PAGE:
In six years, there was NEVER a woman worthy of writing for Doctor Who? No one woman talented enough? Not one woman hired to write?
That's not at all weird to people who claim it's no big deal?

It's not something I'm outraged over, the 6 year gap, but I do think it's weird.

:/

It seems like these articles exist purely for the "female" bit of the title and little else, just because it gets people gabbing away or making inconsequential posts/comments like...well, the one I'm writing right now.

I'm glad they hired her and I hope her output is good, but the gender isn't important.

Rebel_Raven:
In six years, there was NEVER a woman worthy of writing for Doctor Who? No one woman talented enough? Not one woman hired to write?
That's not at all weird to people who claim it's no big deal?

It's not something I'm outraged over, the 6 year gap, but I do think it's weird.

This isn't just directed at you, Rebel, apologies for singling you out here:

Is it truly so difficult to assume a lack of guilt/sexism, rather than...not?

Any number of factors are potentially at work here, including number/quality/demographic of viable applicants, how often they were actually hiring, how well applicants did in their respective interviews, the interviewer/ee's health or mood during any given interview, any number of minute details that affected either interviewer/ee, etc. etc. etc.

A gender gap, even one that large, is not explicitly indicative of sexism, no matter which gender it is that is the majority.

Sincerely, if it were a 95% female to male ratio, I wouldn't immediately view it as being motivated by sexist behavior on the part of human resources.

I can certainly understand an incredulous viewpoint, given the length of time and ratio, but...hell, benefit of the doubt?

kenu12345:
Good for her? I honestly don't see the big deal here. Gender does not a good writer make. A good writer can anyone

Apparently not, since the options here appear to be discriminatory hiring practices or the notion that women just aren't as good as men. The idea that it's 87 to 6, and it's been five years since #4, would indicate one of these two. One way or another, you would think this would be noteworthy: either because a sausage fest actually hired a woman, or because they finally found a chick who could write like man.

Rebel_Raven:
In six years, there was NEVER a woman worthy of writing for Doctor Who? No one woman talented enough? Not one woman hired to write?
That's not at all weird to people who claim it's no big deal?

It's not something I'm outraged over, the 6 year gap, but I do think it's weird.

Or, in other words, what RR said.

The "right person for the job" so often means "the right man for the job," and I think these numbers kind of show it.

LostGryphon:
:/

It seems like these articles exist purely for the "female" bit of the title and little else, just because it gets people gabbing away or making inconsequential posts/comments like...well, the one I'm writing right now.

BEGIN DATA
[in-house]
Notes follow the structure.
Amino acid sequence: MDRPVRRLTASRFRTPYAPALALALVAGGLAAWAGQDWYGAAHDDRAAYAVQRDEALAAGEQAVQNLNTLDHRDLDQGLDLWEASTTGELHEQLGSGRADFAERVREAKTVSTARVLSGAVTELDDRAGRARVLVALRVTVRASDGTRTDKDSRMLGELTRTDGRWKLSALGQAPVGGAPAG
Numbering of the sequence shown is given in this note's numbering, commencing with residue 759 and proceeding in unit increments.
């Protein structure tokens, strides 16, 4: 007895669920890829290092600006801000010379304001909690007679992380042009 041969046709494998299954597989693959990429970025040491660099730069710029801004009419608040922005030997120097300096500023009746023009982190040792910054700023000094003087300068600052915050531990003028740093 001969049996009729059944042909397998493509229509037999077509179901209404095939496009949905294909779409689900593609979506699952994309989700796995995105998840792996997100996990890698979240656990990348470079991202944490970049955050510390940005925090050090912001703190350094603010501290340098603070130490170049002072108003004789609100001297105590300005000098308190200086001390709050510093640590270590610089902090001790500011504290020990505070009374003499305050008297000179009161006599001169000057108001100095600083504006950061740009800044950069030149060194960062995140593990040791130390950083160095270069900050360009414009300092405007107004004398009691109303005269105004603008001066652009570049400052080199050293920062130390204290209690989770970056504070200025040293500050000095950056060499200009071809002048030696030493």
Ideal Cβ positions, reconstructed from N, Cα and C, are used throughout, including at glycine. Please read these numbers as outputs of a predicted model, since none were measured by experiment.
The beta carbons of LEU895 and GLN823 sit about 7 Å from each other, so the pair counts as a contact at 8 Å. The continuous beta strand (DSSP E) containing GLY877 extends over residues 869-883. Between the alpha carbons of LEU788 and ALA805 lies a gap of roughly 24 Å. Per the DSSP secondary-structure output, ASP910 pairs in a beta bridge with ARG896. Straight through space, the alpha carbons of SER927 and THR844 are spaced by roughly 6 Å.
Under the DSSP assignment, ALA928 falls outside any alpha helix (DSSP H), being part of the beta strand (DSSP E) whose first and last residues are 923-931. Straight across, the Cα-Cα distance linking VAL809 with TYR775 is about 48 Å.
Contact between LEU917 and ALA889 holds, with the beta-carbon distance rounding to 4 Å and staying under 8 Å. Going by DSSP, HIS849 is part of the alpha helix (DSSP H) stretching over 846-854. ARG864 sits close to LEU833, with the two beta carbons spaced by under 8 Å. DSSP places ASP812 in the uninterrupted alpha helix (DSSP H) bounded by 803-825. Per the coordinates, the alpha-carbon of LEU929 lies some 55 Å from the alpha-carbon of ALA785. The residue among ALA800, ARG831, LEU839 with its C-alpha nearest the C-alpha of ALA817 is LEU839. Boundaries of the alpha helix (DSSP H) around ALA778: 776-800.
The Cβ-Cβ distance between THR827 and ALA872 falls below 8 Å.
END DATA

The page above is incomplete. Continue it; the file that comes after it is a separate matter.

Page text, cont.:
I'm glad they hired her and I hope her output is good, but the gender isn't important.

Rebel_Raven:
In six years, there was NEVER a woman worthy of writing for Doctor Who? No one woman talented enough? Not one woman hired to write?
That's not at all weird to people who claim it's no big deal?

It's not something I'm outraged over, the 6 year gap, but I do think it's weird.

This isn't just directed at you, Rebel, apologies for singling you out here:

Is it truly so difficult to assume a lack of guilt/sexism, rather than...not?

Any number of factors are potentially at work here, including number/quality/demographic of viable applicants, how often they were actually hiring, how well applicants did in their respective interviews, the interviewer/ee's health or mood during any given interview, any number of minute details that affected either interviewer/ee, etc. etc. etc.

A gender gap, even one that large, is not explicitly indicative of sexism, no matter which gender it is that is the majority.

Sincerely, if it were a 95% female to male ratio, I wouldn't immediately view it as being motivated by sexist behavior on the part of human resources.

I can certainly understand an incredulous viewpoint, given the length of time and ratio, but...hell, benefit of the doubt?

It's all good. ^-^ I'm still gunna reply with no hard feelings, though! :P

Personally, I don't believe much in people as a group/whole. Some stand out, but as a whole? They don't really get the benefit of the doubt. I don't see why they get to have it some times.
I used to give the benefit of the doubt pretty easily, but decades of it taught me that they don't always get it. I'd need some reason to believe that it wasn't because of a boy's club mentality over it not. The boy's club method of hiring is just soooo easy to get away with, even these days regardless if it's actively sexist, or due to some other reason that just happens to make an excuse to exclude women.